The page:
California clothing company LuLaRoe has been hit with a $1 billion class-action lawsuit that alleges the company recruited women and coaxed them into a pyramid scheme.
The Riverside Press-Enterprise first reported on the 27-page federal lawsuit that was filed on Oct. 23 in California.
In the suit, three former consultants from Sacramento claim the company deceived recruits.
LuLaRoe is known for its colorful leggings and various types of women's clothing.
The company heavily relies on women to buy their merchandise and sell it out of their homes.
The suit alleges that recruits were offered part- and full-time pay to sell the company's goods from home, but then left thousands with unreturnable merchandise as they were pulled into a business model that was not profitable.
The company went so far as to suggest the women take out loans, run up credit cards and even sell their breast milk in order to build up their stock, the lawsuit claims.
The suit says the company left many in financial ruin with mountains of unsold goods, and that as many as 80,000 people paid thousands up front for the inventory.
Another suit takes aim at changes in the company's refund policy for its sellers.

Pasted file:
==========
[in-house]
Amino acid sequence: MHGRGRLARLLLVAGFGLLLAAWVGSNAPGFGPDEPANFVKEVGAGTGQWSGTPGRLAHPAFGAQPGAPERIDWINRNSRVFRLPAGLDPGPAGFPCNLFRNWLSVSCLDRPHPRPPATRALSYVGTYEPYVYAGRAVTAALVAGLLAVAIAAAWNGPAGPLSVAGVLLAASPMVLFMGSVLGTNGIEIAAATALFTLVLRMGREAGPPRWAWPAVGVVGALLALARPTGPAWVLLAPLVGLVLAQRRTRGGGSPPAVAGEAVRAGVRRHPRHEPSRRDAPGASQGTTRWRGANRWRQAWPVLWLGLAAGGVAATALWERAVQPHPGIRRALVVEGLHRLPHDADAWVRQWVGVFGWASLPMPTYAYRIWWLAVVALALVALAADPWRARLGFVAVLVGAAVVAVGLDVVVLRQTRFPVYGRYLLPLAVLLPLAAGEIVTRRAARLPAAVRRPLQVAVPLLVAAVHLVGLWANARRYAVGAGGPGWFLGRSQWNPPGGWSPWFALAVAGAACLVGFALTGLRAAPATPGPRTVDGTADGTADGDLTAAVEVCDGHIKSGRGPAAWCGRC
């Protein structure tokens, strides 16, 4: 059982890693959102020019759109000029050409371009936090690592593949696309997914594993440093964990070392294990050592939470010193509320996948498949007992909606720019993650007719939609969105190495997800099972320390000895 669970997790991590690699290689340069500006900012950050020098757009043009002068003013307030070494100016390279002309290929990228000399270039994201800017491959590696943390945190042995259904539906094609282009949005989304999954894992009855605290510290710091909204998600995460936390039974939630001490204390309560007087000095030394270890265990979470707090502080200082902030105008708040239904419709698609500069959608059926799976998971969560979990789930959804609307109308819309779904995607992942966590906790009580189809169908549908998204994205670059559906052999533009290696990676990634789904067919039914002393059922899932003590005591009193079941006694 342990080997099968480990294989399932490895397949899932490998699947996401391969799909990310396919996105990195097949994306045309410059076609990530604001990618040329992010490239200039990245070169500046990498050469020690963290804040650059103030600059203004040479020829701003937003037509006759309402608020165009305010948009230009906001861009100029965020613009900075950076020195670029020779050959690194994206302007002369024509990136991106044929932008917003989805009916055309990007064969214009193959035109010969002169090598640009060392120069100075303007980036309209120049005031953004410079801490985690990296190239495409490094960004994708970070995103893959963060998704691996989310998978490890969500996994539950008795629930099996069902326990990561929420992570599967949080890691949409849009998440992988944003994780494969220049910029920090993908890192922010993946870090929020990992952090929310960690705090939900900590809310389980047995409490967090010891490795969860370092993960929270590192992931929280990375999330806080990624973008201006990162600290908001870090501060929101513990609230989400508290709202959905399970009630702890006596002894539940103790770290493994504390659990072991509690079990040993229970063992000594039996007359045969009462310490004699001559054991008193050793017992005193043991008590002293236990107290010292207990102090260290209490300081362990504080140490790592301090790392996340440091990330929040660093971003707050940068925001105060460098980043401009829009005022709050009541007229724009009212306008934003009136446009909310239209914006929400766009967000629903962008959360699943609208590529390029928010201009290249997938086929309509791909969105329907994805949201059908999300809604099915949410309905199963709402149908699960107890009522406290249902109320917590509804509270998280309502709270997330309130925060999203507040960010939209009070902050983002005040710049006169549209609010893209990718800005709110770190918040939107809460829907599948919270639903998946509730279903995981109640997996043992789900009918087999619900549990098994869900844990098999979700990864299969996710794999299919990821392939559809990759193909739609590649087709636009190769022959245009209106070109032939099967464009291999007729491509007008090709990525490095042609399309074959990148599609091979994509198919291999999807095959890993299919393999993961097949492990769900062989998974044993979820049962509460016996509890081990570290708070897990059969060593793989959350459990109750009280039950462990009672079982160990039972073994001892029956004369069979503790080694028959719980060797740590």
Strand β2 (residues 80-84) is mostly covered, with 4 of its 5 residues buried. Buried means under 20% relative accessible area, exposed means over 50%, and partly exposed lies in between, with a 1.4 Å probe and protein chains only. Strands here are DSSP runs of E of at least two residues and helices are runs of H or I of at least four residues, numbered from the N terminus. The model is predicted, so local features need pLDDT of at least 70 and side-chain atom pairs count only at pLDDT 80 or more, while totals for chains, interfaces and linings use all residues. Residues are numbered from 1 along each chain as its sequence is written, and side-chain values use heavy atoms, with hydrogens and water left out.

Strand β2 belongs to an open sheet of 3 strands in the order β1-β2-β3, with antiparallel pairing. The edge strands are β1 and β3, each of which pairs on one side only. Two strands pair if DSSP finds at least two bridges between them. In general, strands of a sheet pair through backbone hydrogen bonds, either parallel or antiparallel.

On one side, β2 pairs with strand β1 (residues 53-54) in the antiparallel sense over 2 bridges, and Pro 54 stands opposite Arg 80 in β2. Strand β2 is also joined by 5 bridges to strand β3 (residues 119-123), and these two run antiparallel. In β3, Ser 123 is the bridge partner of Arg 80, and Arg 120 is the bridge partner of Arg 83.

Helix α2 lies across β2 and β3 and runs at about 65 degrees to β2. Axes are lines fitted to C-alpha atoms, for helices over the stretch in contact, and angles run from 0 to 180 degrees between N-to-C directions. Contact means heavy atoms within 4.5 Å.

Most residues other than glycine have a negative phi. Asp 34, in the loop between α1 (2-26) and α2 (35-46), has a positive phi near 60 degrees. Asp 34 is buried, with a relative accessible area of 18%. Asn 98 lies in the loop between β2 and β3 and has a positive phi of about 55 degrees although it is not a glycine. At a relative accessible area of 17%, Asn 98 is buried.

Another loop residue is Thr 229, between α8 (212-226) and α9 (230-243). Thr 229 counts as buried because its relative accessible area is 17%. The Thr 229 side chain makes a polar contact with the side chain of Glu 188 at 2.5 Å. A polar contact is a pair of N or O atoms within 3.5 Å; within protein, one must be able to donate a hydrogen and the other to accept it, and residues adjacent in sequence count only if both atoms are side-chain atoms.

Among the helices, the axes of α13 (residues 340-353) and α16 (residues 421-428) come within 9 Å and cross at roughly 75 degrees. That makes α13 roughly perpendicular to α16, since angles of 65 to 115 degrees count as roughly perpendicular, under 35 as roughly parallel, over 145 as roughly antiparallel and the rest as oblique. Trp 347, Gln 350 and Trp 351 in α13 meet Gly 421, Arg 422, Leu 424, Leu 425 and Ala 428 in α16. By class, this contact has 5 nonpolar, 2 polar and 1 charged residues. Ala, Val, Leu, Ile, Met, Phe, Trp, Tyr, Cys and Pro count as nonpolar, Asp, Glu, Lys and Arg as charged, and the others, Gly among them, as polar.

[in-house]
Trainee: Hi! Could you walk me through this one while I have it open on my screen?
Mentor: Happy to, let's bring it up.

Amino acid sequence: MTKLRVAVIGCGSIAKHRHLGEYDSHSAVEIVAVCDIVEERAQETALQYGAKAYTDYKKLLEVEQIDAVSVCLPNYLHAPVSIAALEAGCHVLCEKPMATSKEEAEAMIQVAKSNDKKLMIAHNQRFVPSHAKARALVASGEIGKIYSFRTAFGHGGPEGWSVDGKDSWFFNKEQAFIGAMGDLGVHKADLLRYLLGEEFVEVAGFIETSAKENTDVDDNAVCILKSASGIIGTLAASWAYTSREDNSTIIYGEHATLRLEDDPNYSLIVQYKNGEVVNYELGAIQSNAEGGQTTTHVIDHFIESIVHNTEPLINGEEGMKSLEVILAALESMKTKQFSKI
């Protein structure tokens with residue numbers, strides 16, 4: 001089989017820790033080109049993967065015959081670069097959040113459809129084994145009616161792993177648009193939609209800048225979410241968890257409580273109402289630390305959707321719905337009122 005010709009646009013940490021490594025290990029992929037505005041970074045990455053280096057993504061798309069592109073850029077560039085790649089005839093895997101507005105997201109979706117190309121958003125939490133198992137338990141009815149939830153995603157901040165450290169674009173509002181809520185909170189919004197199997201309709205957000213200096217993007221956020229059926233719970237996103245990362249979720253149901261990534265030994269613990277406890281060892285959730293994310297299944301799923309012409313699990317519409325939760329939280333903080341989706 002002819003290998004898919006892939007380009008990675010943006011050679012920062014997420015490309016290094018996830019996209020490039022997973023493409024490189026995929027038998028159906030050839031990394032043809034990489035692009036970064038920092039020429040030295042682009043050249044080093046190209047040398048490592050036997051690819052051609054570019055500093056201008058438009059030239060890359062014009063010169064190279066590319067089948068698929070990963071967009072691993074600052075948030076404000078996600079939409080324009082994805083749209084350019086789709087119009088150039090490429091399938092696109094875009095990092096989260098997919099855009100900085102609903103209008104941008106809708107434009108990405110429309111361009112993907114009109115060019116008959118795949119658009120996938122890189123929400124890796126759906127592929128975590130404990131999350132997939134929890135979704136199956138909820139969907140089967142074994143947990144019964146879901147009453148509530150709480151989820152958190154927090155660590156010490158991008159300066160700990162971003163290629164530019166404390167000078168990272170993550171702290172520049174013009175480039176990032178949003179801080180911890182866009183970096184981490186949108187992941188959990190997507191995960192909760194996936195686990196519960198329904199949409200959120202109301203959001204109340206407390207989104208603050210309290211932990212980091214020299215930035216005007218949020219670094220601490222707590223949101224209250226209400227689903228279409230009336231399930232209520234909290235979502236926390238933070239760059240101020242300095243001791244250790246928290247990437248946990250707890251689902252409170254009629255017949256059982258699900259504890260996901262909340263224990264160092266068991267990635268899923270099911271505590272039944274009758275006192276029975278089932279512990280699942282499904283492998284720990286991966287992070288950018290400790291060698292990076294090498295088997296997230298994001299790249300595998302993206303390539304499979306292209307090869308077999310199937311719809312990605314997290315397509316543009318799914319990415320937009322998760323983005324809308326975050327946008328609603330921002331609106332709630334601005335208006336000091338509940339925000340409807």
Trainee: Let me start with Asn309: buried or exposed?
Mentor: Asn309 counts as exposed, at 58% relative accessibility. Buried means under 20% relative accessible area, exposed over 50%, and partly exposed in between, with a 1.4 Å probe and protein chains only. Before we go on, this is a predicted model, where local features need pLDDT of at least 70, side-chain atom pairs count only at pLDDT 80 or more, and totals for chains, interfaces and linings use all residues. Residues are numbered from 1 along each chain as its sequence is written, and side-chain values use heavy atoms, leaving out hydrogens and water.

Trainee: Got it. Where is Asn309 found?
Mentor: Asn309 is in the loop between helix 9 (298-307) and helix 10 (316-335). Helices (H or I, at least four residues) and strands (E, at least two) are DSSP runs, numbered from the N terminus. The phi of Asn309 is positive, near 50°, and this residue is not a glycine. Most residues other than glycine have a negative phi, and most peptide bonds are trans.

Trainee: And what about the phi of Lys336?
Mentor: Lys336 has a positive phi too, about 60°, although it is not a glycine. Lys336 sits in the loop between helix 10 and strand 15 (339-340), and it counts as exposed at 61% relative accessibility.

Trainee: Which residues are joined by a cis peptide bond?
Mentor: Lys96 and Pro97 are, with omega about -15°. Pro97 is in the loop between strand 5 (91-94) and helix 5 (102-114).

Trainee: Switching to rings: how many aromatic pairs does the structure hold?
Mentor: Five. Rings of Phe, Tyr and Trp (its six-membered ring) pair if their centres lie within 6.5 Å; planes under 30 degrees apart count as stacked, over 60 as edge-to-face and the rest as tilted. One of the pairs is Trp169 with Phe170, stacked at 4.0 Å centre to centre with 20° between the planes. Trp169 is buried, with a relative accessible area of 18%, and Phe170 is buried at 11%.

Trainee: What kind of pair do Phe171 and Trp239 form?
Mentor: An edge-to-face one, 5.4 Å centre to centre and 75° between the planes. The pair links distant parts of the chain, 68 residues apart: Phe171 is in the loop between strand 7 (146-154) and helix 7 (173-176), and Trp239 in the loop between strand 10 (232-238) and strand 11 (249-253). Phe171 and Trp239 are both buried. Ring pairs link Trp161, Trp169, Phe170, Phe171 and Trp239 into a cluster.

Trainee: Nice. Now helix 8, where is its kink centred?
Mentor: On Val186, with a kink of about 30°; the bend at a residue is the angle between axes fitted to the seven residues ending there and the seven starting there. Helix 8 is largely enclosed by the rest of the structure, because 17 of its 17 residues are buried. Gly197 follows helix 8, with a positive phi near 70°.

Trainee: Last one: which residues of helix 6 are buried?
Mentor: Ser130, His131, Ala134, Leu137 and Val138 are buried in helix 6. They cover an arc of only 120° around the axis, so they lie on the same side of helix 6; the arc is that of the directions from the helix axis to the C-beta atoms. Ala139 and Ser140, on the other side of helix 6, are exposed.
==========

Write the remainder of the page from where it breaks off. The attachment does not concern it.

LuLaRoe, which reportedly had $2 billion in sales this year, called the suits baseless and inaccurate.
"Our success has made us the target of orchestrated competitive attacks and predatory litigation," according to a company statement. "We take all litigation — regardless of its lack of merit — seriously. We have not been served with the recent complaints, but from what we have seen in media reports, the allegations are baseless, factually inaccurate and misinformed. We will vigorously defend against them and are confident we will prevail."
The Corona-based company was founded in 2012 by DeAnne Stidham, according to LuLaRoe's website.
Stidham, the website says, was a struggling single mother trying to balance work and home-life while raising her seven children.
After meeting dress wholesalers and previously having success in network-based marketing, she launched LuLaRoe with the help of her husband, according to the site.
Information from the Associated Press was used in this report.